Protect against heart failure
By Amy Northrop
Your heart is clearly the most important muscle in your body. It’s made to beat powerfully and continuously minute after minute, day after day, without rest for your entire life. It should not weaken, but if it does – for any reason – the result is heart failure.
“The term sounds really horrible,” said Dr. Darcy Green Conaway,
a cardiologist with Cardiovascular Specialists of Lawrence. “But it doesn’t mean that the heart stopped working. It’s simply not pumping as effectively as it should to get blood and oxygen to the cells of the body.”
Heart failure is the leading cause of hospitalization for Americans age 65 and over. Although age is not the primary reason for the weakening of the heart, there is some correlation. The most common risk factors are:
- Coronary artery disease
- High blood pressure
- Sedentary lifestyle
- Family history of heart disease/heart failure
Damage to the heart muscle can develop gradually as a result of an infection or disease of the heart. It can also occur as an after-effect of a heart attack.
When the left side of the heart fails to pump with enough force, fluid may collect in the lungs, making it more difficult to breathe and causing shortness of breath, particularly during exercise or while lying in bed. When backups occur on the right side, fluid begins to collect in the lower part of the body, leading to puffy legs and feet.
“The key to preventing heart failure is to start exercising early in life, and make it a lifelong habit,” said Dr. Green Conaway. “Exercise strengthens the heart, just as it does other muscles in the body. It also boosts circulation, strengthens the cardiovascular system, lowers blood pressure and cholesterol, and helps cells use oxygen more efficiently.”
One large study that followed men age 45 and over for nearly eight years found those who were the most physically active were least likely to develop heart failure. On the other hand, men who sat five or more hours a day and got little exercise had more than double the risk of more active men.
Cardiovascular Specialists of Lawrence offers a way to better manage your heart health with "Take Heart" – a heart risk assessment to identify your individual risk factors for heart disease. To schedule a heart risk assessment, call (785) 505-3636 or ask your primary care provider which heart risk assessment option is right for you.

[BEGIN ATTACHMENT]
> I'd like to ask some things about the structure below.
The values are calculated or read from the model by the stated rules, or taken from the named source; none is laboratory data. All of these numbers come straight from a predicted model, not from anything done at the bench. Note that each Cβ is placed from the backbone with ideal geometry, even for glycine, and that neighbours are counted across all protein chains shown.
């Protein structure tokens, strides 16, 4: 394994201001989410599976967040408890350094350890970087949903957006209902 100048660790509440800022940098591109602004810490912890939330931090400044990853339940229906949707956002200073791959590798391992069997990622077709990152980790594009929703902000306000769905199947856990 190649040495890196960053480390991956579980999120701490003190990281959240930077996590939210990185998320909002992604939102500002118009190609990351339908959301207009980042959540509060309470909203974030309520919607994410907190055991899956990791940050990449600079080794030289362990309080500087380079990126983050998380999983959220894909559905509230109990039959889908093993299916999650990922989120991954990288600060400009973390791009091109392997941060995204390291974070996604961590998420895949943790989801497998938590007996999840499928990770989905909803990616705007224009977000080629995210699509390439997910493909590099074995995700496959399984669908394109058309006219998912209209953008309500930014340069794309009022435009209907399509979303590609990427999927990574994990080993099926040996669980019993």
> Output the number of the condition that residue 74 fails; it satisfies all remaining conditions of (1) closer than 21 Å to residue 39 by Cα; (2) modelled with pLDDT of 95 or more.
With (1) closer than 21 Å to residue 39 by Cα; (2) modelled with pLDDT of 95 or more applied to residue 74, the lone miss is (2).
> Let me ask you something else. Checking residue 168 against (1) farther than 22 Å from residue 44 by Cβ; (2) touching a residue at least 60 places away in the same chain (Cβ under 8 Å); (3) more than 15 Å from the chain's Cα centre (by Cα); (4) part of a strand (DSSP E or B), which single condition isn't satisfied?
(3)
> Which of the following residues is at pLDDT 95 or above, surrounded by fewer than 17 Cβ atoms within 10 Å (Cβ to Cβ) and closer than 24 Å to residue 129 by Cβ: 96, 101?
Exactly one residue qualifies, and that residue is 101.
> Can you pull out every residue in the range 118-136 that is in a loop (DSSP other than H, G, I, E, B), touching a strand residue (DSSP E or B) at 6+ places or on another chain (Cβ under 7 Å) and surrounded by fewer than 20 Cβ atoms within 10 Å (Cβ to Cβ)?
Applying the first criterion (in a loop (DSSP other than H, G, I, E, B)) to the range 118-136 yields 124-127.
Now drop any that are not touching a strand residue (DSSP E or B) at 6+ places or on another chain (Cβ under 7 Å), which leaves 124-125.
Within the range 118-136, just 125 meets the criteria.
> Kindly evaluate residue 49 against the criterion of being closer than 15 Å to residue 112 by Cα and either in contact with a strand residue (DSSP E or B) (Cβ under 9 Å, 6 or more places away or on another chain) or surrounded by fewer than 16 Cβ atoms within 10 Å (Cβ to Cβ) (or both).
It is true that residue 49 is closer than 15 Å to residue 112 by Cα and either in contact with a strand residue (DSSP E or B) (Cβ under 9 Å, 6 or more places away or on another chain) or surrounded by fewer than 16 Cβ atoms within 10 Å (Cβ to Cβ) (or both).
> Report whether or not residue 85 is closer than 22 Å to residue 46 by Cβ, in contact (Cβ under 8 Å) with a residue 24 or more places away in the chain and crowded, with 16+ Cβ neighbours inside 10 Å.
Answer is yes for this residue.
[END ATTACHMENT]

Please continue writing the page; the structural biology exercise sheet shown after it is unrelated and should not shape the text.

Introducing Dr. Darcy Green Conaway
Darcy Green Conaway, M.D. joined Cardiovascular Specialists of Lawrence on July 18. She earned her medical degree from the University of Kansas School of Medicine in 1998 and completed her internship and residency in internal medicine at KU Medical Center. She completed a research fellowship in cardiology outcomes in 2002, followed by two additional fellowships in cardiology and nuclear cardiology from 2002 to 2006.
Dr. Green Conaway is board certified in cardiovascular disease and nuclear cardiology and is an active member of several professional cardiology organizations. She has received numerous honors related to cardiology, quality care and teaching.
With nearly 10 years’ experience, Dr. Green Conaway takes a collaborative approach to cardiac care. She believes in educating patients about treatment options and helping them make informed decisions that meet their needs.
“The best thing we can do for patients is inform them and find out what their goals are,” she said. “If we understand them as people, then we understand how we can help them in their lives.”
Amy Northrop is physician liaison manager at Lawrence Memorial Hospital, a major sponsor of WellCommons. She can be reached at email@example.com.